In the end the Raiders are beaten, stolen goods are redistributed to their owners, but many want them all hanged outright. But upon the insistence of a few, a request for a legitimate trial is made to Captain Wirz, the Confederate commander of the prison camp. A trial is held, with a jury made up of new internees, which ultimately results in the six ring-leaders being found guilty and sentenced to death by hanging. After the executions life becomes relatively peaceful, but the cold reality of starvation, and lack of sanitation or medical care, begins to set in as emaciation, dysentery, scurvy, and fever take their toll, causing many to die. As the film ends, an announcement is made by Wirz that all prisoners are to be exchanged – the surviving Federal soldiers leave the camp, filing past their dead comrades on the way to the trains.

Against a view of the present-day Andersonville National Cemetery, the movie’s end coda reads:

In 1864–5, more than 45,000 Union soldiers were imprisoned in Andersonville. 12,912 died there. The prisoner exchange never happened. The men who walked to the trains were taken to other prisons, where they remained until the war ended. After the war, Wirz was hanged, the only soldier to be tried and executed for war crimes committed during the Civil War.

Cast

  • Jarrod Emick – Josiah Day.
  • Frederic Forrest – Sgt. McSpadden.
  • Ted Marcoux – Martin Blackburn.
  • Carmen Argenziano – Hopkins.
  • Jayce Bartok – Billy.
  • Frederick Coffin – Collins.
  • Cliff DeYoung – Sgt. John Gleason.
  • Denis Forest – Mad Matthew.
  • Justin Henry – Tyce.
  • Tony Higgins – Tucker.
  • Andrew Kavovit – Tobias.
  • Olek Krupa – Olek Wisnovsky.
  • William H. Macy – Col. Chandler.
  • Matt McGrath – Ethan.
  • Peter Murnik – Limber Jim.
  • Gabriel Olds – Bob Reese.
  • William Sanderson – Munn.
  • Gregory Sporleder – Dick Potter.
  • Jan Tříska – Capt. Henry Wirz.
  • Bruce Evers – Lt. Barrett.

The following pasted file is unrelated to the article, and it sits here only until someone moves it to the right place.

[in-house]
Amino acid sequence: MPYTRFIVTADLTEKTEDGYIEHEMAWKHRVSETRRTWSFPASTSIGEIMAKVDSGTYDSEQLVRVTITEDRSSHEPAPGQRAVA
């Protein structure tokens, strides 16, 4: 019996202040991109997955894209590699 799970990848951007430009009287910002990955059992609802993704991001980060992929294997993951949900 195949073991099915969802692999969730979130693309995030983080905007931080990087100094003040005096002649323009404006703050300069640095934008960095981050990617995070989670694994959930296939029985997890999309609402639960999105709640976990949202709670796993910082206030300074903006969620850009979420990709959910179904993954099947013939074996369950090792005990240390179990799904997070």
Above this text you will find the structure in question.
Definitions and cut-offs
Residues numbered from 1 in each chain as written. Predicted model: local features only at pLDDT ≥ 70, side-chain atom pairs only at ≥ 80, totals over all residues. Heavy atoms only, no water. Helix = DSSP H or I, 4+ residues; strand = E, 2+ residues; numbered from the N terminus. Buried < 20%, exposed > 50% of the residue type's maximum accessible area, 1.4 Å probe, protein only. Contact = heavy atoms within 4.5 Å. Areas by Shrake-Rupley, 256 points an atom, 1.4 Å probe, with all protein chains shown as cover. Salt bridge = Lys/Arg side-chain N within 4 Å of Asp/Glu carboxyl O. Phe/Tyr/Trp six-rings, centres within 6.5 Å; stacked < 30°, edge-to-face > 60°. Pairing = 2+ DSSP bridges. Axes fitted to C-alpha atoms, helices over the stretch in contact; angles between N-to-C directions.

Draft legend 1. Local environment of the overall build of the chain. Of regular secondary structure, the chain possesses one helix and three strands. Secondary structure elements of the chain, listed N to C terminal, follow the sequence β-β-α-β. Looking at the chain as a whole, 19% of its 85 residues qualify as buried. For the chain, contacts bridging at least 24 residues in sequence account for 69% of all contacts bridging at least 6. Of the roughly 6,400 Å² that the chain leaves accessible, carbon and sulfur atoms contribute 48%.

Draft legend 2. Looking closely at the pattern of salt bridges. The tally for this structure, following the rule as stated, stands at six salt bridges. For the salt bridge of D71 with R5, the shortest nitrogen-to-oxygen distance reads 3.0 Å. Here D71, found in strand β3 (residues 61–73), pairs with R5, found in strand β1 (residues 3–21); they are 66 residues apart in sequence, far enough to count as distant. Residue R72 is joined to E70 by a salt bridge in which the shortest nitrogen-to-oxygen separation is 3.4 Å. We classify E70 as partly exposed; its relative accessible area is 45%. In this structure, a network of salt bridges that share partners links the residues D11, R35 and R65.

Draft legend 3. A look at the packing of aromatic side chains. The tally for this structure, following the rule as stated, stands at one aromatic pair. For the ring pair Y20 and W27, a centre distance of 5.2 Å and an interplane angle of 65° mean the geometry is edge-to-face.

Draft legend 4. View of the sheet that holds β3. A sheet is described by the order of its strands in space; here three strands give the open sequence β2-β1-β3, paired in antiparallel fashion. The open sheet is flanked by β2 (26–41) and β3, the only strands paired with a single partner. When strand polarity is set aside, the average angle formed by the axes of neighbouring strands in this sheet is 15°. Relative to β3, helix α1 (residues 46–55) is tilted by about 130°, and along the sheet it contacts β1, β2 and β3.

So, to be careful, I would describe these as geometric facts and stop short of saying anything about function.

• Robert David Hall – Samson.
  • Thomas F. Wilson – Thomas Sweet.

Trivia

  • Andersonville was filmed on location on a farm some fifty miles south of Atlanta (about a hundred miles north of the actual location of the camp) where a huge set was built (not quite to scale) of the actual camp.
  • Accurate in detail down to the officer’s quarters outside the camp gates, the fifty foot high raw timber walls and thousands of ragged tents, a working stream, and even a full scale railway depot with half of a locomotive made of wood were built on the property.
  • At any given time there were hundreds of extras employed every day, many of whom were Civil War re-enactors who came from all over the nation to take part in the production.
  • The programme won a 1996 Emmy for Outstanding Individual Achievement in Directing for a Miniseries or a Special for director John Frankenheimer.
  • It was nominated in six other categories as well, including a nomination for cinematographer, Ric Waite.

Andersonville Series

You can find a full index and overview of Andersonville here.

Production & Filming Details

  • Release Date: 04 March 1996.
  • Running time: 167 minutes (total running time).
  • Country: US.
  • Language: English.

Video Link

Leave a Reply

Fill in your details below or click an icon to log in:

WordPress.com Logo

You are commenting using your WordPress.com account. Log Out /  Change )

Google photo

You are commenting using your Google account. Log Out /  Change )

Twitter picture

You are commenting using your Twitter account. Log Out /  Change )

Facebook photo

You are commenting using your Facebook account. Log Out /  Change )

Connecting to %s

This site uses Akismet to reduce spam. Learn how your comment data is processed.